It has recently been determined that timed once daily administration of centrally acting dopamine agonists (such as bromocriptine) or of compounds that increase central dopaminergic activity particularly at the appropriate time of day when central/hypothalamic dopaminergic activity is high in insulin sensitive non-T2D subjects and low in such subjects, improves postprandial glucose metabolism (FDA Cycloset® package insert 2009) without increasing insulin release. This suggests that such dopamine agonist treatment may improve postprandial insulin resistance. It has now been surprisingly found that if one combines such a method of treating IFG, IGT, or T2D with a first-phase insulin secretagouge, one can produce synergistic effects to reduce these disorders. Additional dopamine agonists useful in the invention include quinpirole, quinerolane, talipexole, ropinirole, apomorphine, lisuride, terguride, fenoldopam, dihydroergotoxine, (hydergine), dihydroergocryptine, and combinations thereof. A most preferred central acting dopamine agonist is bromocriptine.
Cycloset, a quick-release, high absorbing formulation of bromocriptine mesylate, a dopamine agonist, improves glycemic control in type 2 diabetes in large part by improving postprandial responsiveness to insulin. Several drugs that directly or indirectly stimulate an increase in first phase insulin release (termed first phase insulin secretagouges) also produce improvements in glycemic control by lowering postprandial glucose levels in subjects with type 2 diabetes.
We have now found that improved glycemic control in subjects with type 2 diabetes is possible by combining these two different drug classes, e.g., agents that increase central dopamine activity plus first phase insulin secretagouges as defined herein. The combination of such dopamine activity regulating agents and first phase insulin secretagouge has been observed to have advantageous effects. First, the combination produces more than additive, i.e., synergistic, effects on glycemic control. This synergism may also be realized with dopamine agonists, such as Cycloset and short acting insulins. Secondly, the combination permits one to reduce the daily dosages of Cycloset and the insulin secretagouge and get additional benefit on glycemic control when combined at these lower dosages relative to their regular respective single dosage uses. Thirdly, the combination reduces overall side effects of each of these agents. Fourth, the metabolic benefits of improvements in lipid metabolism, blood pressure, and vascular dysfunction, and heart and kidney disease may also be realized in a similar synergistic manner with this agent increasing central dopaminergic activity—first phase insulin secretagouge drug combination. In total, this unique combination allows for synergistic increased effectiveness and simultaneous decreased side effects for treating metabolic disease at lower doses than each drug class is utilized at individually to treat such metabolic disorders.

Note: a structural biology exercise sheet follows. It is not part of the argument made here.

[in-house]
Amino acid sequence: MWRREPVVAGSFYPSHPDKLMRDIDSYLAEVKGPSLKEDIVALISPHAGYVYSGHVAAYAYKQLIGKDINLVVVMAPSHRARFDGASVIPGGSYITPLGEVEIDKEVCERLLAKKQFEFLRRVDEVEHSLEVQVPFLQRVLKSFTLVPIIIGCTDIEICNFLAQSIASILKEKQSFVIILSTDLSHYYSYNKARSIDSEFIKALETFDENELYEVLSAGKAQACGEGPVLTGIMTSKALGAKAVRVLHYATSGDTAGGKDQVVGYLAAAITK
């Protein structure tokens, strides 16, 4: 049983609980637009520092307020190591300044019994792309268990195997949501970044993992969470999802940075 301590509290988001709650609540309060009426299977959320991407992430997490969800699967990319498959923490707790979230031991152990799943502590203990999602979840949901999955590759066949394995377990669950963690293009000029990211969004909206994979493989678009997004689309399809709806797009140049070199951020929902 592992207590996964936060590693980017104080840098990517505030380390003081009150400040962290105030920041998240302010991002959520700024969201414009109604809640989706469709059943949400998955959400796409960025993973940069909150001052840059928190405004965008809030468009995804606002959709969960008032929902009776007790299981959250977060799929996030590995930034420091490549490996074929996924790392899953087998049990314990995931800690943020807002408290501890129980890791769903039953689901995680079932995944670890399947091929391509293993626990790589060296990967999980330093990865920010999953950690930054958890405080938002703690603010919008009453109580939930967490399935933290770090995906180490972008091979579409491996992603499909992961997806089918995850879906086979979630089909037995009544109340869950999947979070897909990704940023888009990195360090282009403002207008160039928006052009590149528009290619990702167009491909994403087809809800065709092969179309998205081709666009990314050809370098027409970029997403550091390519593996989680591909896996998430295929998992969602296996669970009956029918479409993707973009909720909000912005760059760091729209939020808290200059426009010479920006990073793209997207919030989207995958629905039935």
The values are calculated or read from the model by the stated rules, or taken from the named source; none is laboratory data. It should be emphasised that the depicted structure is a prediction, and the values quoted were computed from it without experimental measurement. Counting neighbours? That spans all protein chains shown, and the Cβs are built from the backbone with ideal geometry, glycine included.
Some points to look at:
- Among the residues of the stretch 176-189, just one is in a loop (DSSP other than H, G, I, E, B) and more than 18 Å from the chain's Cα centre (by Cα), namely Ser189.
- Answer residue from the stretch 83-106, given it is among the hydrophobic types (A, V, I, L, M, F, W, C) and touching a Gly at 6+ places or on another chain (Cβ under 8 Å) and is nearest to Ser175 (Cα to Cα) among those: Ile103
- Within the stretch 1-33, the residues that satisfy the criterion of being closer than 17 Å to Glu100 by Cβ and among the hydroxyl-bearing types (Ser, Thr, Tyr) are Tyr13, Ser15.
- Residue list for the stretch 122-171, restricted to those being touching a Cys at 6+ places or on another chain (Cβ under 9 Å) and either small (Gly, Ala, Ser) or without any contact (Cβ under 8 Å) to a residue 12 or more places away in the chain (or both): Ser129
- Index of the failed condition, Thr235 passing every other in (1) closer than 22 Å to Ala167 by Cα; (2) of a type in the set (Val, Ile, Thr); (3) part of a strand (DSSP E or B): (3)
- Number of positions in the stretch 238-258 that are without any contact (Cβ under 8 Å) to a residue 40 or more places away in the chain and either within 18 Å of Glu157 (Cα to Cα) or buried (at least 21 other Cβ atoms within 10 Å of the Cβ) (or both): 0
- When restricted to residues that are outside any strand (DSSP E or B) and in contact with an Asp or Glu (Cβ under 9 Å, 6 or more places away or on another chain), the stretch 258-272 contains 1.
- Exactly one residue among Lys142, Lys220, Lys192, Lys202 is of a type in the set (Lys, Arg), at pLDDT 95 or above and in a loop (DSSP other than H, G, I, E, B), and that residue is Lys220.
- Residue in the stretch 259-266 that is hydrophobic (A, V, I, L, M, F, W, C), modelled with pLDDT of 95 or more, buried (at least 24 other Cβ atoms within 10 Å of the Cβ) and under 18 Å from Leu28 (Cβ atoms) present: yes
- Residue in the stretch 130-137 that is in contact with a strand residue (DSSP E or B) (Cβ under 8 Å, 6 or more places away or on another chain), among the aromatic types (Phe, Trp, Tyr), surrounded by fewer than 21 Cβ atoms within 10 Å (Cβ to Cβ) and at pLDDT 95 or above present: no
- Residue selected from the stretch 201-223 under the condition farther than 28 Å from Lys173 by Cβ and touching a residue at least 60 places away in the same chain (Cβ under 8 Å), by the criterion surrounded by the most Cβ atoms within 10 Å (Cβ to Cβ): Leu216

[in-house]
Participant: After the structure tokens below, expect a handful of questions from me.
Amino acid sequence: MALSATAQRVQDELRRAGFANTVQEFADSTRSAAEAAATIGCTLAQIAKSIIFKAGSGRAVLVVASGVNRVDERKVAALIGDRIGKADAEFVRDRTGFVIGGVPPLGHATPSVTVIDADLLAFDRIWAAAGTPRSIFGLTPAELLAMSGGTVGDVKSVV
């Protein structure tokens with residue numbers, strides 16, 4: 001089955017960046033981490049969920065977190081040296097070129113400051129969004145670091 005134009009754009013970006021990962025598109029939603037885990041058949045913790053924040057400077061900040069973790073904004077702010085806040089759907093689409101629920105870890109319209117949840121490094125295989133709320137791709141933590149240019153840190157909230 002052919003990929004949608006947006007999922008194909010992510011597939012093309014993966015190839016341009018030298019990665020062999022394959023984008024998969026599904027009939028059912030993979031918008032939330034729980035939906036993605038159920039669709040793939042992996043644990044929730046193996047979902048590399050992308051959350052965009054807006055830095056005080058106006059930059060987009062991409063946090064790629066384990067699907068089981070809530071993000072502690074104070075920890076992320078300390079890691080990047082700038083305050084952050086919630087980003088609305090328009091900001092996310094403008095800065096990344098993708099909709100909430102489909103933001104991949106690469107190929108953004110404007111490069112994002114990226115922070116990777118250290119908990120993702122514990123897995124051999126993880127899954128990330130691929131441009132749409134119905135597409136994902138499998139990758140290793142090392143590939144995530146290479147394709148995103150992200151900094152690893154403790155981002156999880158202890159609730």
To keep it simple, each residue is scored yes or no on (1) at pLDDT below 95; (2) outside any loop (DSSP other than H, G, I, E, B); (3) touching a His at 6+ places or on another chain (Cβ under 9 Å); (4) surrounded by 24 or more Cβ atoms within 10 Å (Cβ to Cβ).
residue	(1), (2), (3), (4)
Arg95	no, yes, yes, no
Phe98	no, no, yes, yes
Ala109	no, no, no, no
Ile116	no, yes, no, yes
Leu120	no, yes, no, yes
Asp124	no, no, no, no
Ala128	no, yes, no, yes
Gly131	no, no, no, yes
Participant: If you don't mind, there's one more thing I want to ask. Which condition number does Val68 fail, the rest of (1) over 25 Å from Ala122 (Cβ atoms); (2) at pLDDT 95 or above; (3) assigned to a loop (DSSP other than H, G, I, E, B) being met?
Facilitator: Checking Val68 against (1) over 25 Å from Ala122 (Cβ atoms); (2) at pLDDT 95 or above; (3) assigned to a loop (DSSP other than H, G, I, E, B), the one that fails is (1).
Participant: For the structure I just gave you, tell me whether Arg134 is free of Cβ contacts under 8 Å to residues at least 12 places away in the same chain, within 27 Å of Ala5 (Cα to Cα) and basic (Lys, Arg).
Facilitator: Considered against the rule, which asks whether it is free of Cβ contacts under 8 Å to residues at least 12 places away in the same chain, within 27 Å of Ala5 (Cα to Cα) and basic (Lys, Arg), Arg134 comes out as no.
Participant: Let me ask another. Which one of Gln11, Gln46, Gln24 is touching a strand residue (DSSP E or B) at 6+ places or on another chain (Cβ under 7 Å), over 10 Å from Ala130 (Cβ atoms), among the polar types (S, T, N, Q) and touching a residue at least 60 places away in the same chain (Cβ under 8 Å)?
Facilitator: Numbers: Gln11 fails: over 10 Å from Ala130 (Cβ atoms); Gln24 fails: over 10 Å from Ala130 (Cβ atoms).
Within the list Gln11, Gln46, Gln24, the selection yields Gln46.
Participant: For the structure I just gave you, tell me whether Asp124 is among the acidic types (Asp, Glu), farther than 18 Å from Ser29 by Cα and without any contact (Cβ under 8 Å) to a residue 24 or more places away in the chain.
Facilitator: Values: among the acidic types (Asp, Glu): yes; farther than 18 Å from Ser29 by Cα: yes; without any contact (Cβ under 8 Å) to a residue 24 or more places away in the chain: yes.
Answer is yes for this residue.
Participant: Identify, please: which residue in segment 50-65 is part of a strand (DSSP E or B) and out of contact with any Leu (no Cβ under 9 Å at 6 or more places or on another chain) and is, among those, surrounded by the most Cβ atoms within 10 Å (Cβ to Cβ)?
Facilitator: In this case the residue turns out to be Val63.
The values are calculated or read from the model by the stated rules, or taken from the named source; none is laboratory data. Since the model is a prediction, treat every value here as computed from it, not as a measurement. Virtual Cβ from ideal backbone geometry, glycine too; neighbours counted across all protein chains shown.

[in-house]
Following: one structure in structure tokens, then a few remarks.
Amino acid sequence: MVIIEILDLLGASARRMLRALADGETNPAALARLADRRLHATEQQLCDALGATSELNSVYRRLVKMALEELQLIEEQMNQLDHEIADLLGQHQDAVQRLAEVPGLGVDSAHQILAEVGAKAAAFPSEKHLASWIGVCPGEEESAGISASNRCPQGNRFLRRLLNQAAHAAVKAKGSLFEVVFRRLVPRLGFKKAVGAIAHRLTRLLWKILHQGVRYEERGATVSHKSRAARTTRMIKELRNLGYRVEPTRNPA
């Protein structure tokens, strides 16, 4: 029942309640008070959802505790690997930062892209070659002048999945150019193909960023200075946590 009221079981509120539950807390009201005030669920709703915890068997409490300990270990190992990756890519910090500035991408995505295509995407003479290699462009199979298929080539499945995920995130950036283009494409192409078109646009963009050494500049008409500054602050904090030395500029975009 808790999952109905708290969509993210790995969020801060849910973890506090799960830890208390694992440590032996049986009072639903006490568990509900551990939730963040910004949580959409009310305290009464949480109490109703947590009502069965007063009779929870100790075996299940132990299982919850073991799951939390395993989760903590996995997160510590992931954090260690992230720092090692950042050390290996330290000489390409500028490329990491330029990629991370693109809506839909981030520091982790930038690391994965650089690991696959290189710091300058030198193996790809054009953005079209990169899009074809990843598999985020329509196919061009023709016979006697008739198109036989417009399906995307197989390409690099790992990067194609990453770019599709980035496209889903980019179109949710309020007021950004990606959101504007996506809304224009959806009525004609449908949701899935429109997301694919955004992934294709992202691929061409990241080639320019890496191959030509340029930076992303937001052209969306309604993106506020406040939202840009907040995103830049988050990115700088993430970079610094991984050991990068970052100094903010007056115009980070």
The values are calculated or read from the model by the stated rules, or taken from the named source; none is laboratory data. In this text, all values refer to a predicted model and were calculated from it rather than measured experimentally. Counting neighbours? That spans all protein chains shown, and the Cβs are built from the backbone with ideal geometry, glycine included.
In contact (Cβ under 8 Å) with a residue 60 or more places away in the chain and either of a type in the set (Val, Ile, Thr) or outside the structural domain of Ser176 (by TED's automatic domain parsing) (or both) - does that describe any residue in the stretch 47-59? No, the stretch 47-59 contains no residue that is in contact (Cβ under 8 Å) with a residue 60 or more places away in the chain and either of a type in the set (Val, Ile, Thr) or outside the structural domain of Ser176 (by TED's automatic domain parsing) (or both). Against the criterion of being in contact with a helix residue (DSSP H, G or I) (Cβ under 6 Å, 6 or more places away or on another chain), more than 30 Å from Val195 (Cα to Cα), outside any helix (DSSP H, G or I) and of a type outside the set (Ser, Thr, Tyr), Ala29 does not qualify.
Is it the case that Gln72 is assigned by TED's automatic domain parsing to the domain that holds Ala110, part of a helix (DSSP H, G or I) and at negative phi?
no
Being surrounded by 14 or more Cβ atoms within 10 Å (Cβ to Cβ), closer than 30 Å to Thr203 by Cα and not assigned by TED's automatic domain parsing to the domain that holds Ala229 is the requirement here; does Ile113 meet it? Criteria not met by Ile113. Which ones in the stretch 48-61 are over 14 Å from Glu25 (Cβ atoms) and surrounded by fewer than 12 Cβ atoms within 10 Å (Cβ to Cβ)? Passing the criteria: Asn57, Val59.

The combination composition is effective to treat one or more metabolic disorders selected from the metabolic syndrome, Type 2 diabetes, obesity, prediabetes, key elements of any metabolic disorder, insulin resistance, hyperinsulinemia, cardiovascular disease, elevated plasma norepinephrine, elevated cardiovascular-related inflammatory factors or potentiators of vascular endothelial dysfunction, hyperlipoproteinemia, atherosclerosis, hyperphagia, hyperglycemia, hyperlipidemia, hypertension, and high blood pressure. The key elements of a metabolic disorder is selected from the group consisting of impaired fasting glucose, impaired glucose tolerance, increased waist circumference, increased visceral fat content, increased fasting plasma glucose, increased fasting plasma triglycerides, increased fasting plasma free fatty acids, decreased fasting plasma high density lipoprotein level, increased systolic or diastolic blood pressure, increased plasma postprandial triglyceride or free fatty acid levels, increased cellular oxidative stress or plasma indicators thereof, increased circulating hypercoagulative state, arteriosclerosis, coronary artery disease, peripheral vascular disease, congestive heart failure, hepatic steatosis, renal disease including renal insufficiency, and cerebrovascular disease.
First phase insulin secretagouges include but are not limited to a glucagon-like peptide-1 (GLP-1) or mimetic thereof, insulin and/or a meglitinide, repaglinide, nateglinide or a dipeptidyl peptidase inhibitor.